In terms of what the sale to NatWest means for the wider business, the impact should be low. We’re supportive of the plan to keep hold of the more nimble and profitable areas of banking, like ATMs and travel money.

Overall, Sainsbury’s has done just about all it can to better itself and it should be commended for that, but the Argos albatross around its neck can’t be ignored. That contributes to a price to earnings ratio that is relatively undemanding.

Environmental, social and governance (ESG) risk

According to Sustainalytics, Sainsbury’s management of ESG risks is strong. An area of strength is the fact that the group’s executive pay is explicitly linked to ESG performance targets. However, within that, the group’s ESG disclosures aren’t in accordance with leading reporting standards, in particular the environmental policy is weak. This is significant given the group’s extensive packaging and freight usage. The group’s large scale puts it at increased risk of scrutiny when it comes to product reputation, and is something to monitor as customer appetites lean more towards sustainable options.

Sainsbury key facts

All ratios are sourced from Refinitiv, based on previous day’s closing values. Please remember yields are variable and not a reliable indicator of future income. Keep in mind key figures shouldn’t be looked at on their own – it’s important to understand the big picture.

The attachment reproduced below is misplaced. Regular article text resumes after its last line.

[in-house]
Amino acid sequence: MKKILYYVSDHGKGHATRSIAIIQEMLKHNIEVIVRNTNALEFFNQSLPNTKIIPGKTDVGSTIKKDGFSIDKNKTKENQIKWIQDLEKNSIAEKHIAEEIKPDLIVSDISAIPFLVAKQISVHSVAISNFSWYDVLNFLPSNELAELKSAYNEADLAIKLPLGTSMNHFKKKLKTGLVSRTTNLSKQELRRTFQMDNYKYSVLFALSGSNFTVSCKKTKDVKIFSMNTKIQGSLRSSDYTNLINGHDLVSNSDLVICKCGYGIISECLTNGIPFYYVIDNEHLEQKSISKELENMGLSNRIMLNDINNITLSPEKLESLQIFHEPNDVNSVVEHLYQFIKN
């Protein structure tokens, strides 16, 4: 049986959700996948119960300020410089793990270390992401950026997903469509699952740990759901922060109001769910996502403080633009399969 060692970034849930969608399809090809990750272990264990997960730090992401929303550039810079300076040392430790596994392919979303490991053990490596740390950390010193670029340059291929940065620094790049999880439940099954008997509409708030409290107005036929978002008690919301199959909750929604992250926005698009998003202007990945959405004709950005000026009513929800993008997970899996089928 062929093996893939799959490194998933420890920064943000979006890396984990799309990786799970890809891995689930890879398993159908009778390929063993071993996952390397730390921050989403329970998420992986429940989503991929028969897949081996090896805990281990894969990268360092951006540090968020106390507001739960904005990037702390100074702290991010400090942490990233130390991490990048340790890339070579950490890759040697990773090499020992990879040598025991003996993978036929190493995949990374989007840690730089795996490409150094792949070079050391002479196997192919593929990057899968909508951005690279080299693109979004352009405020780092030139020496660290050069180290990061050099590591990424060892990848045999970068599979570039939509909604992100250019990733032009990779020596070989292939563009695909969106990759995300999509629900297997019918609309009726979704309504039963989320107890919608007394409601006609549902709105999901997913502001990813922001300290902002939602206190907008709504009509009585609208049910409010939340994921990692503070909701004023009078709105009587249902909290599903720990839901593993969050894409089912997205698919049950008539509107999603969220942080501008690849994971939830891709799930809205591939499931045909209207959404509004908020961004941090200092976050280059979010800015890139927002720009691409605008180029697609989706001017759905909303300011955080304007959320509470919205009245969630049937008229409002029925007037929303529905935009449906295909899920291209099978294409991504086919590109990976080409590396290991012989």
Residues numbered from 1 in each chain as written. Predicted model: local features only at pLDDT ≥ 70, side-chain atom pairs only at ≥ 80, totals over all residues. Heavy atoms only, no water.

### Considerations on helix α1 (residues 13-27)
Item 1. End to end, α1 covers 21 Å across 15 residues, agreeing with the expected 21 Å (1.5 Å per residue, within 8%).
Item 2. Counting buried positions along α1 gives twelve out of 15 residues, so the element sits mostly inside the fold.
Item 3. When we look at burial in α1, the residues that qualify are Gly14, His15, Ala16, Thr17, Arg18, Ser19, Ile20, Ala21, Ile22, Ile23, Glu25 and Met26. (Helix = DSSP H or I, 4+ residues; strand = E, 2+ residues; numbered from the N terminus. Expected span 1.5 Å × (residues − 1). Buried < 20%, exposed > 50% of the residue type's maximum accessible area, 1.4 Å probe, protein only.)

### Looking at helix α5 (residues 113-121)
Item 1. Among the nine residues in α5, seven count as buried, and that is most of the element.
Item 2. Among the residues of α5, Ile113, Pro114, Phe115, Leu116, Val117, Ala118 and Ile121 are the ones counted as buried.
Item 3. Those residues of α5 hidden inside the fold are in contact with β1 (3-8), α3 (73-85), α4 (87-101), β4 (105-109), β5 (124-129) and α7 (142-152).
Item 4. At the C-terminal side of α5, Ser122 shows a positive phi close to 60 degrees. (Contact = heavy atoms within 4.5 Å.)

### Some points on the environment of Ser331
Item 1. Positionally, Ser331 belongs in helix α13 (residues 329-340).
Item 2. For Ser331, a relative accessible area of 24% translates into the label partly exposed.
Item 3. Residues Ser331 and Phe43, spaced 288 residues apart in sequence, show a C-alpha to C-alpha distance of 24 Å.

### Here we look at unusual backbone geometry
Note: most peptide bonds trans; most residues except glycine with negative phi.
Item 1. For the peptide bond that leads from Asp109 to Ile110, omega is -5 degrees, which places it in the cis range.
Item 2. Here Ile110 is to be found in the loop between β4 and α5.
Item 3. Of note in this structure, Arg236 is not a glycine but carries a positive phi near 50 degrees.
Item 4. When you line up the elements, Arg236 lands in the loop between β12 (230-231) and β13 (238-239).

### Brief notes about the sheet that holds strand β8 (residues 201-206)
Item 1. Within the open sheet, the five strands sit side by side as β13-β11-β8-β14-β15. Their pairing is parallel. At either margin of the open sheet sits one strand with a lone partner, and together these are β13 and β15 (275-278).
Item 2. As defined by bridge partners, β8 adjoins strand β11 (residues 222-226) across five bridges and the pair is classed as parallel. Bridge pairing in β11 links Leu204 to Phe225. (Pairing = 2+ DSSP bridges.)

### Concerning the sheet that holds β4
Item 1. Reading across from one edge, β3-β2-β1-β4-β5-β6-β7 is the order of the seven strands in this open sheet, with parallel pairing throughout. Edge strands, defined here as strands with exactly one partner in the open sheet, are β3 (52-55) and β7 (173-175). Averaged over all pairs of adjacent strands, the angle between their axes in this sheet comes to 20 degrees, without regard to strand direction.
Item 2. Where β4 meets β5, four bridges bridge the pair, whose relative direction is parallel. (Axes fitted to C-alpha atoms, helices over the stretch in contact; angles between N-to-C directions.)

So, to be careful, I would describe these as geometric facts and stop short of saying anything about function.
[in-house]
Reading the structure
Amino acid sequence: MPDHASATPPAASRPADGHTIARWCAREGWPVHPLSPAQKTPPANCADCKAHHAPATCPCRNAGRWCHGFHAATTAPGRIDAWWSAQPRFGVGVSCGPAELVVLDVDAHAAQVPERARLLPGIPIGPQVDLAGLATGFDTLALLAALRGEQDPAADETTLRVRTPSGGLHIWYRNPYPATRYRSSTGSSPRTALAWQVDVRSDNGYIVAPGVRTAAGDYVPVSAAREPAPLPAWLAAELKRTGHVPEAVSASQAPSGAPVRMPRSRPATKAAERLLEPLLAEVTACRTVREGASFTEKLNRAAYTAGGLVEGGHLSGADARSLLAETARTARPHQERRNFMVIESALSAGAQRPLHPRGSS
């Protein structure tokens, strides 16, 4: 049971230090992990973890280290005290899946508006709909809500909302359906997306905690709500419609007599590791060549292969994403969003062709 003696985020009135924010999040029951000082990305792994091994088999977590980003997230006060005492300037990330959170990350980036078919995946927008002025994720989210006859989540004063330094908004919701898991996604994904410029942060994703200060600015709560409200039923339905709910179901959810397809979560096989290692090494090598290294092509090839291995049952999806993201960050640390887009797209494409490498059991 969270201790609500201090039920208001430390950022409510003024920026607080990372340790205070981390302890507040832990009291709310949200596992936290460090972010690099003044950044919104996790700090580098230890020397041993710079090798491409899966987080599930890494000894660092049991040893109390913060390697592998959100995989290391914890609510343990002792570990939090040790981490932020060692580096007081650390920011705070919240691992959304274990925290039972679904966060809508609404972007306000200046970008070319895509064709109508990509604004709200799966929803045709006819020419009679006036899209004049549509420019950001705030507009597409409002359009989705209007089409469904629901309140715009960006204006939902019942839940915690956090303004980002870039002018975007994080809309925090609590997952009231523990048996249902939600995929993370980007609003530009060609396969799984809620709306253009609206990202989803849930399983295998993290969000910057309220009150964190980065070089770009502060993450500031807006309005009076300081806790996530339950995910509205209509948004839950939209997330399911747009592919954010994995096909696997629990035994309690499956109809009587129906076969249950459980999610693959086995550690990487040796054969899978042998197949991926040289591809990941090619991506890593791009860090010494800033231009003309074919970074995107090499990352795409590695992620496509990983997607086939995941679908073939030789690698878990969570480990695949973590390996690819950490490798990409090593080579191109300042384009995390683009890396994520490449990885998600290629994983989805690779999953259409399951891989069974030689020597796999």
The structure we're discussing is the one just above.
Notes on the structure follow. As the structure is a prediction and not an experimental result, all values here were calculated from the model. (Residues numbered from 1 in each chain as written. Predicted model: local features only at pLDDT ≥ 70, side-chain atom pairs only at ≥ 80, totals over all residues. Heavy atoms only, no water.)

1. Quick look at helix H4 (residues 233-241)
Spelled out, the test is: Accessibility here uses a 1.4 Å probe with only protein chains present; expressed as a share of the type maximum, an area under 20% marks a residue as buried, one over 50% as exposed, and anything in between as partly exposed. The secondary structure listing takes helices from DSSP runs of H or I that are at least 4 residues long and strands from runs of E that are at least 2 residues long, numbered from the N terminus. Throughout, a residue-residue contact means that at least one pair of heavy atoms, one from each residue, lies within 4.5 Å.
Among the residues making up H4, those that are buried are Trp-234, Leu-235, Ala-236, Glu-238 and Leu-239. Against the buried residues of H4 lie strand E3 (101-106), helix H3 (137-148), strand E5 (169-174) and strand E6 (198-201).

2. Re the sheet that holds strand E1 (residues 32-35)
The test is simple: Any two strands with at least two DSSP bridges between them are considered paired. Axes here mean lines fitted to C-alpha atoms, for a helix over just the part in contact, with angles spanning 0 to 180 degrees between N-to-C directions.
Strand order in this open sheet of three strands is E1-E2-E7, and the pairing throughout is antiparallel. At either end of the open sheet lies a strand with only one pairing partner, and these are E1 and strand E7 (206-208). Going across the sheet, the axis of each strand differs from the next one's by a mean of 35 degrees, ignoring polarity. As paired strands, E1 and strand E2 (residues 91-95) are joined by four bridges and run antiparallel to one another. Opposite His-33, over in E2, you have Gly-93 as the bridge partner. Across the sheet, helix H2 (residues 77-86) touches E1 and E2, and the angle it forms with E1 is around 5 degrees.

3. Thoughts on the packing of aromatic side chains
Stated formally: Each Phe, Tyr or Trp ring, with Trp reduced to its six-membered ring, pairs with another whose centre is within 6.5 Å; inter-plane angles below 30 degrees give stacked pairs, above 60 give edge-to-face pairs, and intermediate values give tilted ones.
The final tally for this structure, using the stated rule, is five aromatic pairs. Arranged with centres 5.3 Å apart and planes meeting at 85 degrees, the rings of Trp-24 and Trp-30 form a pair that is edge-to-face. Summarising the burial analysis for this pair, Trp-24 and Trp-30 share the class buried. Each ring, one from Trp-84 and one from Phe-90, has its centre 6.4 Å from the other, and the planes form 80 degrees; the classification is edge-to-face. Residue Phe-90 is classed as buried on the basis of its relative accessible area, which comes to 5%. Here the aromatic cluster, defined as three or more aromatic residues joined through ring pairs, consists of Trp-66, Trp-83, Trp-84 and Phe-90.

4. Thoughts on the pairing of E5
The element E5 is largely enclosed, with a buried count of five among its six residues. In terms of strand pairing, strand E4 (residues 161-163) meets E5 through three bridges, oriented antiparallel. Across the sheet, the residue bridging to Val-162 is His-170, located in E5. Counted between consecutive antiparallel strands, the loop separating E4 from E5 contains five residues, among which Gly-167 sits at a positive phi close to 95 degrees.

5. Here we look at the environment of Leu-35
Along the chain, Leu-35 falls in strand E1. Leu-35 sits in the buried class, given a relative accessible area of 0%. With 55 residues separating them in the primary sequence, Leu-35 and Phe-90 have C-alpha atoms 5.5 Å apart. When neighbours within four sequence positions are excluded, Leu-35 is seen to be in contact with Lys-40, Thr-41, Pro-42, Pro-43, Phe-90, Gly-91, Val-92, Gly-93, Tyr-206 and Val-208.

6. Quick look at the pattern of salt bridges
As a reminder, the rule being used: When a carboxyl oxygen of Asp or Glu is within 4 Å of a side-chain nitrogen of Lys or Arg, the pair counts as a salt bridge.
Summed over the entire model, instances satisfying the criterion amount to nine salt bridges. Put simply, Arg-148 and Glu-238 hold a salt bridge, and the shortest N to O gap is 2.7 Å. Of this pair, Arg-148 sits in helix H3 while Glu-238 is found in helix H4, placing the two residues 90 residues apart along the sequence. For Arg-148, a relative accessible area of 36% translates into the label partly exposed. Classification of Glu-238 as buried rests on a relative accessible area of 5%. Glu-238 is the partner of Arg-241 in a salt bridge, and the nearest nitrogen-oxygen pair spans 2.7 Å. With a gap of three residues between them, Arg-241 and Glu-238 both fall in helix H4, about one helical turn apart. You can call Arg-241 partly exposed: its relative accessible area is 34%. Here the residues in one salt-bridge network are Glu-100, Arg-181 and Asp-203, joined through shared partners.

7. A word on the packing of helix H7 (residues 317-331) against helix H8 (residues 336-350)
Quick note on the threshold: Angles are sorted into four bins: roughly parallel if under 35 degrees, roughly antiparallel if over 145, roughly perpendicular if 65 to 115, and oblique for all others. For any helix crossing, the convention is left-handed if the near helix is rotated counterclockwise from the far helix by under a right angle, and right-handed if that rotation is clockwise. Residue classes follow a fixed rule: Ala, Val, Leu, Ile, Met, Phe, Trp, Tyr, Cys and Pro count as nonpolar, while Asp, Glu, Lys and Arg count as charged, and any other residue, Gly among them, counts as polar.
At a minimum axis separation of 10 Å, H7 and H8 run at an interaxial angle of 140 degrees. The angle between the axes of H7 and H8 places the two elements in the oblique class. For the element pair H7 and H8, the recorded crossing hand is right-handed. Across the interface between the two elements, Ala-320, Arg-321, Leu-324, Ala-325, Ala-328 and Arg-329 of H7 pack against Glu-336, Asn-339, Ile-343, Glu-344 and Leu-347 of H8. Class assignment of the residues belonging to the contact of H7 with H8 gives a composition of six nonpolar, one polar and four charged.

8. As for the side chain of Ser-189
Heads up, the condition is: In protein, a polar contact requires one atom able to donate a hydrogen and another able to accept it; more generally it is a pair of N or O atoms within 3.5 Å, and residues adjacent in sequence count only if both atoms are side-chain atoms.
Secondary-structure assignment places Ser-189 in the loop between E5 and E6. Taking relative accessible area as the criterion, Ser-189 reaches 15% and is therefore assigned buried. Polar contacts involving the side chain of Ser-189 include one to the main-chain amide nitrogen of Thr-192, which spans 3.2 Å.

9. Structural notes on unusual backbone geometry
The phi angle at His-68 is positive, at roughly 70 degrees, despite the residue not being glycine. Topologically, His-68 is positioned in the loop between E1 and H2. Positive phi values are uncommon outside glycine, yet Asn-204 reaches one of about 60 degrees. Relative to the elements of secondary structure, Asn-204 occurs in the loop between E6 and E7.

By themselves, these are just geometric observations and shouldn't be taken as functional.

This article is original Hargreaves Lansdown content, published by Hargreaves Lansdown. It was correct as at the date of publication, and our views may have changed since then. Unless otherwise stated estimates, including prospective yields, are a consensus of analyst forecasts provided by Refinitiv. These estimates are not a reliable indicator of future performance. Yields are variable and not guaranteed. Investments rise and fall in value so investors could make a loss.

This article is not advice or a recommendation to buy, sell or hold any investment.No view is given on the present or future value or price of any investment, and investors should form their own view on any proposed investment.This article has not been prepared in accordance with legal requirements designed to promote the independence of investment research and is considered a marketing communication.Non - independent research is not subject to FCA rules prohibiting dealing ahead of research, however HL has put controls in place(including dealing restrictions, physical and information barriers) to manage potential conflicts of interest presented by such dealing.Please see our full non - independent research disclosure for more information.
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Written by
Sophie Lund-Yates
Sophie Lund-Yates
Lead Equity Analyst

Sophie is a lead on our Equity Research team, providing research and regular articles on a selection of individual companies and wider sectors. Sophie's specialities are Retail, Fast Moving Consumer Goods (FMCG), Aerospace & Defence as well as a few of the big tech names including Facebook and Apple.

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Article history
Published: 2nd July 2024